Close to Home: Bring nature-based solutions to climate change
I had the honor of attending COP26, the recently concluded U.N. climate conference in Glasgow, Scotland, as part of a team of delegates representing Point Blue Conservation Science, a Petaluma-based nonprofit. Point Blue participated as an official observer in order to promote nature-based solutions to the global climate crisis. We think it’s critical to keep nature — and science — at the forefront of the global conversation around climate.
Like any global summit, COP26 is receiving mixed reviews. The main goal was to bring together government and nonstate actors from 147 countries to develop a “rule book” for how to implement the Paris agreement, an international treaty on climate change adopted at COP21. The agreement set a goal of limiting future warming to 1.5 degrees Celsius.
While reducing emissions from burning fossil fuels still must be a global priority if we are to avoid the worst impacts of climate change, nature-based solutions — which provide both mitigation and adaptation benefits — have the potential to represent up to 30% of the total climate solution by 2030.
These powerful actions not only sequester carbon from the atmosphere, they provide additional benefits such as habitat creation for wildlife, flood risk mitigation, improved water quality and economic and health benefits.
Nature-based solutions offer both climate benefits and critical protection of the ecosystems we depend upon.
It was particularly encouraging in Glasgow to experience what was the greatest focus to date on nature and biodiversity at a Conference of the Parties — the COP in COP26.
In California, where we are literally on the front lines of climate change and are experiencing increasingly frequent and severe impacts such as wildfires, flooding and heat waves, the opportunities for nature-based solutions abound.
In the Bay Area, Point Blue has promoted the use of coastal nature-based adaptations for sea level rise, including restoration of tidal marshes in the San Francisco estuary.
We also participate in Sierra Meadow headwater climate-smart restoration projects that restore hydrological function to these critical habitats while sequestering carbon.
On California’s vast working lands, our scientists help producers implement regenerative practices that sequester carbon while promoting healthy soils and creating habitat for wildlife.
COP26 was encouraging because, for the first time, biodiversity was strongly emphasized throughout the summit. At the conclusion, the importance of ecosystems and biodiversity was highlighted in the conference text, which noted “the importance of ensuring the integrity of all ecosystems, including in forests, the ocean and the cryosphere, and the protection of biodiversity, recognized by some cultures as Mother Earth, and also noting the importance for some of the concept of ‘climate justice,’ when taking action to address climate change.”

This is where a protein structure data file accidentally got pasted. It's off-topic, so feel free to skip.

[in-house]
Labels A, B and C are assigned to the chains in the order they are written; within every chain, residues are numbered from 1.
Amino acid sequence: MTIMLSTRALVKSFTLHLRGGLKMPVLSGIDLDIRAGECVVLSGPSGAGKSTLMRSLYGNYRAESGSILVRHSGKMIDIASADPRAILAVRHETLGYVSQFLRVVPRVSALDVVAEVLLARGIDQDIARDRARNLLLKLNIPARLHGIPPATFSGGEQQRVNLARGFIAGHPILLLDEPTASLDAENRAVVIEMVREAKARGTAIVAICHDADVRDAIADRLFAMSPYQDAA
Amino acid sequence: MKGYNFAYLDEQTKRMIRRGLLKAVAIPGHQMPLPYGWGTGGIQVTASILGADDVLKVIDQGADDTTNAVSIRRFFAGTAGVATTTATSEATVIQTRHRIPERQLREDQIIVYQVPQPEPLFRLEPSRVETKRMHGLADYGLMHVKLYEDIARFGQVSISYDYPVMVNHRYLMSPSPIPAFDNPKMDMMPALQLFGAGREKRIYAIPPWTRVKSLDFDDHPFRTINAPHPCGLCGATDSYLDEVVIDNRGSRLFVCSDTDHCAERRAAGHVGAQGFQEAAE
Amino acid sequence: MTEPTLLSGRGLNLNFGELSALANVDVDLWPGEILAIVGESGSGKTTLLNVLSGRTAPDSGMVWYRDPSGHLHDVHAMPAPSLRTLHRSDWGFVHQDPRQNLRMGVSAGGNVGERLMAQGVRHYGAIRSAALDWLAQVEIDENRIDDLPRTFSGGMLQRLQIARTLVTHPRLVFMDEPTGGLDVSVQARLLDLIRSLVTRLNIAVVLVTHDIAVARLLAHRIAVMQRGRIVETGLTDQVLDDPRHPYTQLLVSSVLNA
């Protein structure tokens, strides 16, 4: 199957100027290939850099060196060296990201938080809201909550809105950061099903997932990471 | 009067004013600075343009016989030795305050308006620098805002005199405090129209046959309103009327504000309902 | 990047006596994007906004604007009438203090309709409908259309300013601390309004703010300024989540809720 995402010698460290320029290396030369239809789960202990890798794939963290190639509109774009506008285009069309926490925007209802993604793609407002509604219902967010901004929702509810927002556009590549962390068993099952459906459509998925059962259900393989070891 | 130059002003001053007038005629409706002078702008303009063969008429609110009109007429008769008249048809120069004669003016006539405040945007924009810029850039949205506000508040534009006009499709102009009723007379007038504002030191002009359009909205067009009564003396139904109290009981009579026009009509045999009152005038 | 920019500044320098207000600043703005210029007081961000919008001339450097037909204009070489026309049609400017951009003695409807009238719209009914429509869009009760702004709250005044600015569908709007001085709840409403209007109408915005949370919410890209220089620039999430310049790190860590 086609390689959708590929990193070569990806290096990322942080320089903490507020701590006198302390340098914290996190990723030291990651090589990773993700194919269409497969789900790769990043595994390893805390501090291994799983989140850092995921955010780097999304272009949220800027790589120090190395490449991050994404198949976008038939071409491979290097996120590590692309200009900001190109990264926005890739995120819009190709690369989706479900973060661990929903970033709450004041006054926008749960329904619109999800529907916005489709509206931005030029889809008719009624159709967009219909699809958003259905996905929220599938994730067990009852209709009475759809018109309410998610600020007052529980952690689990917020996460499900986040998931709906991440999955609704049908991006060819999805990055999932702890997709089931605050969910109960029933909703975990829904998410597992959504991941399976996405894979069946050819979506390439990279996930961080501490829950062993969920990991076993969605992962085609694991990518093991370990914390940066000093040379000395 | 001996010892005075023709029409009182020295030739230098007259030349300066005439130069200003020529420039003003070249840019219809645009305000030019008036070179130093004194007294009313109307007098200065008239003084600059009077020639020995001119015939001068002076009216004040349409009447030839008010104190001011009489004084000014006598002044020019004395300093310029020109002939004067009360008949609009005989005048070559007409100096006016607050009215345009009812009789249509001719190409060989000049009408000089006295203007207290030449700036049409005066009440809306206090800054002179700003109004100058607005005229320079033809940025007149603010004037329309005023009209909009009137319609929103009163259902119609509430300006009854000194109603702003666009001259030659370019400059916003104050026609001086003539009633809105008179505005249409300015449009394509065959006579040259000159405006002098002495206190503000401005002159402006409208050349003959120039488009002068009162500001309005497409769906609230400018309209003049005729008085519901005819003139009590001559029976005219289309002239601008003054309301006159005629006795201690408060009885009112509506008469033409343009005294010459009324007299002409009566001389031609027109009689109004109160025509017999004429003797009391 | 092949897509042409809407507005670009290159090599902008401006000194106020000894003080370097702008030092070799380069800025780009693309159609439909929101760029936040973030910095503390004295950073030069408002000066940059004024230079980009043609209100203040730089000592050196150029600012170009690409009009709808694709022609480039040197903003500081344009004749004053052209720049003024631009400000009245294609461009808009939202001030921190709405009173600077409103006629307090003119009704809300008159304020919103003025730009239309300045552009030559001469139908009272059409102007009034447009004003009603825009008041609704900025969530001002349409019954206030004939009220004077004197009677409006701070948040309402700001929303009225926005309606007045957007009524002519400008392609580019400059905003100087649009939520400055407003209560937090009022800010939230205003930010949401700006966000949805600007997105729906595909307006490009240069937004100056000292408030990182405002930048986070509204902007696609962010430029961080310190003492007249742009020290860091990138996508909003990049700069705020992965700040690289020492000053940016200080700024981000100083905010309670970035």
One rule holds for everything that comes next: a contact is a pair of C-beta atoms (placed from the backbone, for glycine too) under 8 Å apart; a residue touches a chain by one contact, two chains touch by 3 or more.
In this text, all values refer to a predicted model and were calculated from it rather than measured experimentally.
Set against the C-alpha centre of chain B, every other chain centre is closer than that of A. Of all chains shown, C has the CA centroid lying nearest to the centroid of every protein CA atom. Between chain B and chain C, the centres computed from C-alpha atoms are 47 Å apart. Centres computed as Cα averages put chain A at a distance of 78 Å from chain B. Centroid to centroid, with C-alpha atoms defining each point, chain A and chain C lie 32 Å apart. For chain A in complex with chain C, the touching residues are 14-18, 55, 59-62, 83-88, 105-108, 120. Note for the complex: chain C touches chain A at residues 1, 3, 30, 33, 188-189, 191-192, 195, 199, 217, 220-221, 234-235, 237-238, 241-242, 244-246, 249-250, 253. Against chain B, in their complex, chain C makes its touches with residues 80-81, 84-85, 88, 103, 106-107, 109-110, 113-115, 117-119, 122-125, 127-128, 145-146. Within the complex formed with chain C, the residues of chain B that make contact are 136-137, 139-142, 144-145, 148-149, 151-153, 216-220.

While an explicit reference to nature-based solutions in U.N. climate framework documents would help drive implementation of these measures along with clear and science-backed metrics for success, this omission underscores the importance of California’s leadership on prioritizing biodiversity and nature-based solutions as integral parts of its climate strategy.
It’s encouraging to see California’s leadership on biodiversity, including Gov. Gavin Newsom’s executive order on nature-based solutions, as well as the state’s emphasis on including biodiversity and nature-based solutions in its strategies around natural and working lands.
As California advances efforts to mitigate and adapt to future climate change, we encourage the state to prioritize nature-based adaptation measures to achieve climate resilience. Additionally, we encourage the adoption of science-driven and transparent indicators of success of natural solutions.
California has the opportunity to demonstrate how effective nature-based solutions can be for mitigating climate change and helping communities adapt to the climate future that is already here.
Liz Chamberlin, an ecologist, is director of Strategic Innovations for Point Blue Conservation Science in Petaluma.
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